Confederate monument sits in Williamsburg park


With a renewed debate swirling around the South about Confederate monuments and their place in society, a single monument honoring Confederate soldiers sits in the city's Bicentennial Park.

The more than 20-foot-tall monument is adorned with Confederate flags and was erected by the Daughters of the Confederacy and the "citizens of Williamsburg and James City County." Built in 1908, it originally sat in Colonial Williamsburg's Palace Green, but now sits in the park off Court Street.

A violent protest in Charlottesville on Aug. 12 — involving white supremacists' chagrin at the city's plan to remove a statue honoring Confederate general Robert E. Lee and counter-protestors — has renewed calls for locales around the nation to reexamine the Confederate monuments.

Williamsburg communications specialist Lee Ann Hartmann said the monument is in an out-of-the-way location. "I doubt people even remember it."

Williamsburg Councilman Benny Zhang said conversations about the Williamsburg monument are premature because the state does not give localities the power to destroy war monuments, including those commemorating the Civil War.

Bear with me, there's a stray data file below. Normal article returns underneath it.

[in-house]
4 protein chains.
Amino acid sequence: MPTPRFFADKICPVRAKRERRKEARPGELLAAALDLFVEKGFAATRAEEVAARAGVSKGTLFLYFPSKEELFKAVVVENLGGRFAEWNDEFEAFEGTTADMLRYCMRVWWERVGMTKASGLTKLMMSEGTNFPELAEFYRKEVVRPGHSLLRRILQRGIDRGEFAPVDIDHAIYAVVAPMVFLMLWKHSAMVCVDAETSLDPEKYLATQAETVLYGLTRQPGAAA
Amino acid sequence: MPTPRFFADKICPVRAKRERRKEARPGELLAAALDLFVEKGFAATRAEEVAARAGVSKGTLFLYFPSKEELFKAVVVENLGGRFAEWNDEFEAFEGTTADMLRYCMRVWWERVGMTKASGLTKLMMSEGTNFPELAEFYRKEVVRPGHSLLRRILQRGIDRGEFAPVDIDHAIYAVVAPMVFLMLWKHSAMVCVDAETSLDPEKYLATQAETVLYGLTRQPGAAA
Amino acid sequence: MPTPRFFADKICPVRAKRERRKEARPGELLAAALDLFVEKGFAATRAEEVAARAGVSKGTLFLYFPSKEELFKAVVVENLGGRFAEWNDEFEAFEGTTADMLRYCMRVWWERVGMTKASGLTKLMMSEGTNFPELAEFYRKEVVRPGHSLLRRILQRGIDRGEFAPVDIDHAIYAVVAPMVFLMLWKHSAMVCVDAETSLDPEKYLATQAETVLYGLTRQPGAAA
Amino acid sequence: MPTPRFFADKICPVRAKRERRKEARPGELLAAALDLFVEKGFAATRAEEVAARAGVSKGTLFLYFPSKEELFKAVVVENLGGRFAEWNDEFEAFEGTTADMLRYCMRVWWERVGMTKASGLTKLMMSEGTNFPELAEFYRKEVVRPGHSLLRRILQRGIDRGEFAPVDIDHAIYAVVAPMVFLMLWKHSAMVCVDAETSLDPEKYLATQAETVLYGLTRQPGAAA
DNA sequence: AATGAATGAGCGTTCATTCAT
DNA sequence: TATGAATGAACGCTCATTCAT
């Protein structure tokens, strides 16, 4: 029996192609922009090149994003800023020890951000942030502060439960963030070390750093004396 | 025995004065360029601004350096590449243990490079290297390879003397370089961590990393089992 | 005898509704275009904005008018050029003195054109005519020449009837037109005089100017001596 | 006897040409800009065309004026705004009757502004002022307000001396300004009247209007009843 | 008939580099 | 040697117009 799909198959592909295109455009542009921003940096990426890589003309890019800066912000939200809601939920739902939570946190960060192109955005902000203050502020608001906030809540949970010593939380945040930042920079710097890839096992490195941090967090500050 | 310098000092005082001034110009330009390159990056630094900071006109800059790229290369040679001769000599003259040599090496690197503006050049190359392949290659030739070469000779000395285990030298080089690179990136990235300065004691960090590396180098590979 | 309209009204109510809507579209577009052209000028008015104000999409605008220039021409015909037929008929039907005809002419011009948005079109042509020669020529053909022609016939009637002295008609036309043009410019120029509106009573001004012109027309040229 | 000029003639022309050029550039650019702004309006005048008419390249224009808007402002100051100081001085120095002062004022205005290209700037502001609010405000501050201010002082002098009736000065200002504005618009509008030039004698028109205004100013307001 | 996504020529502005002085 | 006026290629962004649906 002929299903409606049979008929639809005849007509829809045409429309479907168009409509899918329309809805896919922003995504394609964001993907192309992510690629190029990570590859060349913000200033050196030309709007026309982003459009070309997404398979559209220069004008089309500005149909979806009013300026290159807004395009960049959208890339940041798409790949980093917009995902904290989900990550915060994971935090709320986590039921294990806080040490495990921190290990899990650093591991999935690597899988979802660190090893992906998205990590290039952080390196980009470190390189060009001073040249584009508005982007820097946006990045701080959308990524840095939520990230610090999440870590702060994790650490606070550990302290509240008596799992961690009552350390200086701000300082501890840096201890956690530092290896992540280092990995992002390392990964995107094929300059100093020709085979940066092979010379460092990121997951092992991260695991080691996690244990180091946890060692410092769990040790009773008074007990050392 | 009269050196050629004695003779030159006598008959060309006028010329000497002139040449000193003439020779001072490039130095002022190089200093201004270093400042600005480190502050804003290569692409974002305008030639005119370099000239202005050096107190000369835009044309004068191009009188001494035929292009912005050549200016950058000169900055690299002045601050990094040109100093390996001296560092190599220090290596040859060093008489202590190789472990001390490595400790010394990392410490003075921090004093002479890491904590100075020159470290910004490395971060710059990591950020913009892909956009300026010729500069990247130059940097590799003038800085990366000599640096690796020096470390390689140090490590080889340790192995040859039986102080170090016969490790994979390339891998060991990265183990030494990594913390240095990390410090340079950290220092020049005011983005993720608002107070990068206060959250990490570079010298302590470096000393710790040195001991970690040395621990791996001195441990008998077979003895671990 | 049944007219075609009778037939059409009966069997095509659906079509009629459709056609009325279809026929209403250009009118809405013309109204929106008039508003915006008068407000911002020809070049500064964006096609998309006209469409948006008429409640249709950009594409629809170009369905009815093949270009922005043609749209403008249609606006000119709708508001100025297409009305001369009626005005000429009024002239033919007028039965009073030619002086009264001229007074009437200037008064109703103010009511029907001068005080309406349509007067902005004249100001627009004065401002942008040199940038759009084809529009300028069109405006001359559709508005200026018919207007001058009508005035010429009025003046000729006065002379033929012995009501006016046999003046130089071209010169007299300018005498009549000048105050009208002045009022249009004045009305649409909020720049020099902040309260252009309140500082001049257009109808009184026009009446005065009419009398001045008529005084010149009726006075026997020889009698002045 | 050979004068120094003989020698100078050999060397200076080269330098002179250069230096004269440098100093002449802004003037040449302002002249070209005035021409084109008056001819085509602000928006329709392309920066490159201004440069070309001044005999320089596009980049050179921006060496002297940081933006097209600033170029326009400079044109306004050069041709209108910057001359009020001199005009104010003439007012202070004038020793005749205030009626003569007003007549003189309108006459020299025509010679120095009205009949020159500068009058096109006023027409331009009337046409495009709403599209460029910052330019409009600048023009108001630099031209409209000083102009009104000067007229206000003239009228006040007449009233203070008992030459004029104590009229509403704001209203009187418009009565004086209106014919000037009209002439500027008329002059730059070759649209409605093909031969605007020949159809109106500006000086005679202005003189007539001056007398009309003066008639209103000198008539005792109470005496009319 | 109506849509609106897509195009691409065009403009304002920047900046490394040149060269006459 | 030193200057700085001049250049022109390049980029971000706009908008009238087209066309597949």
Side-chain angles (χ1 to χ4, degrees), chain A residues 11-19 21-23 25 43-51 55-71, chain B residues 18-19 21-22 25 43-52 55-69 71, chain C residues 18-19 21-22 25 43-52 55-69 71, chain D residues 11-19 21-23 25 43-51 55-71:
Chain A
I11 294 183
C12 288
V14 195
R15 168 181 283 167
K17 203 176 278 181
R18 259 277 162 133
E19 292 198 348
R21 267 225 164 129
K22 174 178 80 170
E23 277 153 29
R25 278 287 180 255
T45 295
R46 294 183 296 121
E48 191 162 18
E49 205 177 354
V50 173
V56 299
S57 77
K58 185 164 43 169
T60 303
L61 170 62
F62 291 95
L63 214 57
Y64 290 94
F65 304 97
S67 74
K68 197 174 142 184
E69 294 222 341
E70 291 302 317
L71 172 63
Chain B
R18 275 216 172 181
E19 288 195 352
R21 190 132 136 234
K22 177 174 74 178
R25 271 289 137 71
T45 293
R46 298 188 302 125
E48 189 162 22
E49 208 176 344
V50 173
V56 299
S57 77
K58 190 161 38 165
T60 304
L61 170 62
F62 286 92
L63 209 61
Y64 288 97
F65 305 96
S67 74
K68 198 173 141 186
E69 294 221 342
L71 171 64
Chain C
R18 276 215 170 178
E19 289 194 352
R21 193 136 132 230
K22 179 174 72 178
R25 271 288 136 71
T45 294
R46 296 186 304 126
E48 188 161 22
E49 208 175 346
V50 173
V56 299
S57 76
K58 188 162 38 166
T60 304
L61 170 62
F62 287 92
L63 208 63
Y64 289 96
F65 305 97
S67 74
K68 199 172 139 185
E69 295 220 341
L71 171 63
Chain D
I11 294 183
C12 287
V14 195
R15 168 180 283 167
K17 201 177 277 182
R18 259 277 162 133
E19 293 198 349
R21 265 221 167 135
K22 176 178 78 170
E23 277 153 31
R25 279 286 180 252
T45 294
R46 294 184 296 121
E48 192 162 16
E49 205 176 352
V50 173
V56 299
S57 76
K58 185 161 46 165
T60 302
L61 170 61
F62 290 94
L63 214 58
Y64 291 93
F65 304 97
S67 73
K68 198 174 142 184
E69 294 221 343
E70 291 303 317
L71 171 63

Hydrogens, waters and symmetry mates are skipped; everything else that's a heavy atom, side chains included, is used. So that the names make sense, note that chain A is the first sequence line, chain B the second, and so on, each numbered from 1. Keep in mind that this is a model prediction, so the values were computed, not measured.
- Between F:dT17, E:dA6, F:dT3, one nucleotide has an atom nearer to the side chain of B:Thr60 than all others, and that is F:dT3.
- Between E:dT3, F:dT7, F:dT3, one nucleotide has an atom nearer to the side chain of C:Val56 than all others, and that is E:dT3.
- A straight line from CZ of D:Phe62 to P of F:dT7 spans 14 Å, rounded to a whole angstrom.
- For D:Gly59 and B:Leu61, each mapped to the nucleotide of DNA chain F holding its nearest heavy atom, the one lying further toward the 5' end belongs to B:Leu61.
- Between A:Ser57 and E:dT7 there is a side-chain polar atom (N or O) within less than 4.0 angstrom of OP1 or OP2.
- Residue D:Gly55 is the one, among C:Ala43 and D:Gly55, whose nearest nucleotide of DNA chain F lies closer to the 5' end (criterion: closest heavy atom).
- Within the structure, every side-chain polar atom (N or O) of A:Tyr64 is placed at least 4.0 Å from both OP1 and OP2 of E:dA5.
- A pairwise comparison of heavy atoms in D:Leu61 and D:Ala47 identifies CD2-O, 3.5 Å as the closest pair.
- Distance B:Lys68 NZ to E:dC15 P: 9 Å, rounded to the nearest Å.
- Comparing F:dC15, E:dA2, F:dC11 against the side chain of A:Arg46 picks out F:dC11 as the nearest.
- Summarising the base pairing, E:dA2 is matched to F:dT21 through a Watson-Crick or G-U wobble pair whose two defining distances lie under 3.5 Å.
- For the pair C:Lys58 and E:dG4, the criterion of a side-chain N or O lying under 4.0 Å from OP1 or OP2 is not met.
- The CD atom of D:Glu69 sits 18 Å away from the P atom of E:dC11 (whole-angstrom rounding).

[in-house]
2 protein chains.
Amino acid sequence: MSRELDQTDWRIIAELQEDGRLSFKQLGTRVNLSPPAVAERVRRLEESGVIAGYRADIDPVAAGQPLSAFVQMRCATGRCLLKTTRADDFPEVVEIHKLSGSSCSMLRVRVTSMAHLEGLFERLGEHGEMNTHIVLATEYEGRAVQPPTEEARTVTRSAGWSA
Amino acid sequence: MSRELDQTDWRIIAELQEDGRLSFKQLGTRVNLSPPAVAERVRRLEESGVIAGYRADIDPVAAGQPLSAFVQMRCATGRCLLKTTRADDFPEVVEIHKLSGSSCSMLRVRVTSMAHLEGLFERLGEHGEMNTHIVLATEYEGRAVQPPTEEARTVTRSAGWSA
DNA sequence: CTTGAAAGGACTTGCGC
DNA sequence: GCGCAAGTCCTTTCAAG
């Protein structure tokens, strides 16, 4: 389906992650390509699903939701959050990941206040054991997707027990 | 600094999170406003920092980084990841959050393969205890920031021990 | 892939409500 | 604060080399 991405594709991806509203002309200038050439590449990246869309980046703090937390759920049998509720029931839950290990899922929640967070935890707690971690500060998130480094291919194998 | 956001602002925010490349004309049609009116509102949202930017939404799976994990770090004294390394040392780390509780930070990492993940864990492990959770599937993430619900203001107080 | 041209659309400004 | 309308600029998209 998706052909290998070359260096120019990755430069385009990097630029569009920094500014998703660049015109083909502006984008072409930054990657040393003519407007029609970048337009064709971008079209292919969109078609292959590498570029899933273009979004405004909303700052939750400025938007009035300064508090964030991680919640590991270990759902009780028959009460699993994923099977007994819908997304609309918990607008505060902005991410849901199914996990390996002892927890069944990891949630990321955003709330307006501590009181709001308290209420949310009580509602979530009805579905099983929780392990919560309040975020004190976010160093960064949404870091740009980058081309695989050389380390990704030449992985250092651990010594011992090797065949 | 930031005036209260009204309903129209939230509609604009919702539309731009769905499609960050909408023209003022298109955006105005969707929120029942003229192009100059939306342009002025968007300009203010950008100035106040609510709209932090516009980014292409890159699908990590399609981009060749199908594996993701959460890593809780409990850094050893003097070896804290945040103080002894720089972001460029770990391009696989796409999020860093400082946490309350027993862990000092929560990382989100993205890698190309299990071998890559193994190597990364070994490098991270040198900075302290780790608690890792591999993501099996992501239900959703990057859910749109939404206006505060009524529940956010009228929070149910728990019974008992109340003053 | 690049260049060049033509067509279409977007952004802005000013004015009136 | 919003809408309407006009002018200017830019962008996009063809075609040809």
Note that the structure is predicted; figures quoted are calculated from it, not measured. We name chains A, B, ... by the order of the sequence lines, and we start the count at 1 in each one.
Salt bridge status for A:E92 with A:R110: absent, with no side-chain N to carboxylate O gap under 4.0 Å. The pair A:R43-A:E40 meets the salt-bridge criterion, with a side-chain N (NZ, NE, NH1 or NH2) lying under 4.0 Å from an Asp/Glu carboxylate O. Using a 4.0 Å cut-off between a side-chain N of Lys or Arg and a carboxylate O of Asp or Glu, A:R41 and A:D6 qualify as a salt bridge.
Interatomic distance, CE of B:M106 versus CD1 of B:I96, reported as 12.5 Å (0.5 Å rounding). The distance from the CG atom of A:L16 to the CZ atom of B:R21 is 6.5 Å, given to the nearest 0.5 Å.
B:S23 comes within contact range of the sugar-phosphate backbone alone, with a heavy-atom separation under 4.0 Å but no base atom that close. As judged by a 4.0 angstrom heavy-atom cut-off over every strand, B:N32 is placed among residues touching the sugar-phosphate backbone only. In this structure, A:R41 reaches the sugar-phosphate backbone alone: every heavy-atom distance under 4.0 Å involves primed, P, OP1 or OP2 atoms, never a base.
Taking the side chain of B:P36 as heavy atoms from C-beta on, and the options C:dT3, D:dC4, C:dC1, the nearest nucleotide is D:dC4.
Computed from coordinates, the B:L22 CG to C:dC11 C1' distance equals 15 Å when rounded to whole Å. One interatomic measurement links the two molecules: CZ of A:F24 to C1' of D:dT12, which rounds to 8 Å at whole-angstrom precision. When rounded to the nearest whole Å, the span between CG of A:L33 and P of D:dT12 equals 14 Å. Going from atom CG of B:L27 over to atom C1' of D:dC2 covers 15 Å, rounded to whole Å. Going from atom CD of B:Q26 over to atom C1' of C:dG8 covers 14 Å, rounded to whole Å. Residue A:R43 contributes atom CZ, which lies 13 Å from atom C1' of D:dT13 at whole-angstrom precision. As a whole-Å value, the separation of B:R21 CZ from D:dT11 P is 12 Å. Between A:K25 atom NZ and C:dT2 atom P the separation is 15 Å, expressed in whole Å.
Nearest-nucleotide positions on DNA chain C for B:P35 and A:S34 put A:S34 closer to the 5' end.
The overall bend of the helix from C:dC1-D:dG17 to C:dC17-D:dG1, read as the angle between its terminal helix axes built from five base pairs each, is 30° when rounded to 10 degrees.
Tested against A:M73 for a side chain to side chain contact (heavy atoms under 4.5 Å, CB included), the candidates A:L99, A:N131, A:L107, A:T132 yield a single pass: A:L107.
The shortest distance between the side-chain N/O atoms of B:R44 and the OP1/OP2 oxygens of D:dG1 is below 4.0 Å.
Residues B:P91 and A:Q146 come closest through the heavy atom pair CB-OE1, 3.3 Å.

In a letter to Charlottesville city representatives, mayor Paul Freiling acknowledged the issue tied to the protests are very ingrained in current social culture.

"As much as we sympathize with you, we understand that we cannot look at this as an isolated incident; rather, it is symptomatic of an insidious infection," he wrote. "Healing one wound will not cure the disease."

"The hatred and violence being perpetrated in Charlottesville are abhorrent and un-American. White supremacy, racism and bigotry have no place in our society," he said.

Gov. Terry McAuliffe has encouraged Virginia's local governments to place the public monuments in museums.

"As we attempt to heal and learn from the tragic events in Charlottesville, I encourage Virginia's localities and the General Assembly – which are vested with the legal authority – to take down these monuments and relocate them to museums or more appropriate settings," said McAuliffe. "I hope we can all now agree that these symbols are a barrier to progress, inclusion and equality in Virginia and, while the decision may not be mine to make, I believe the path forward is clear."

Wright can be reached by phone at 757-345-2343.

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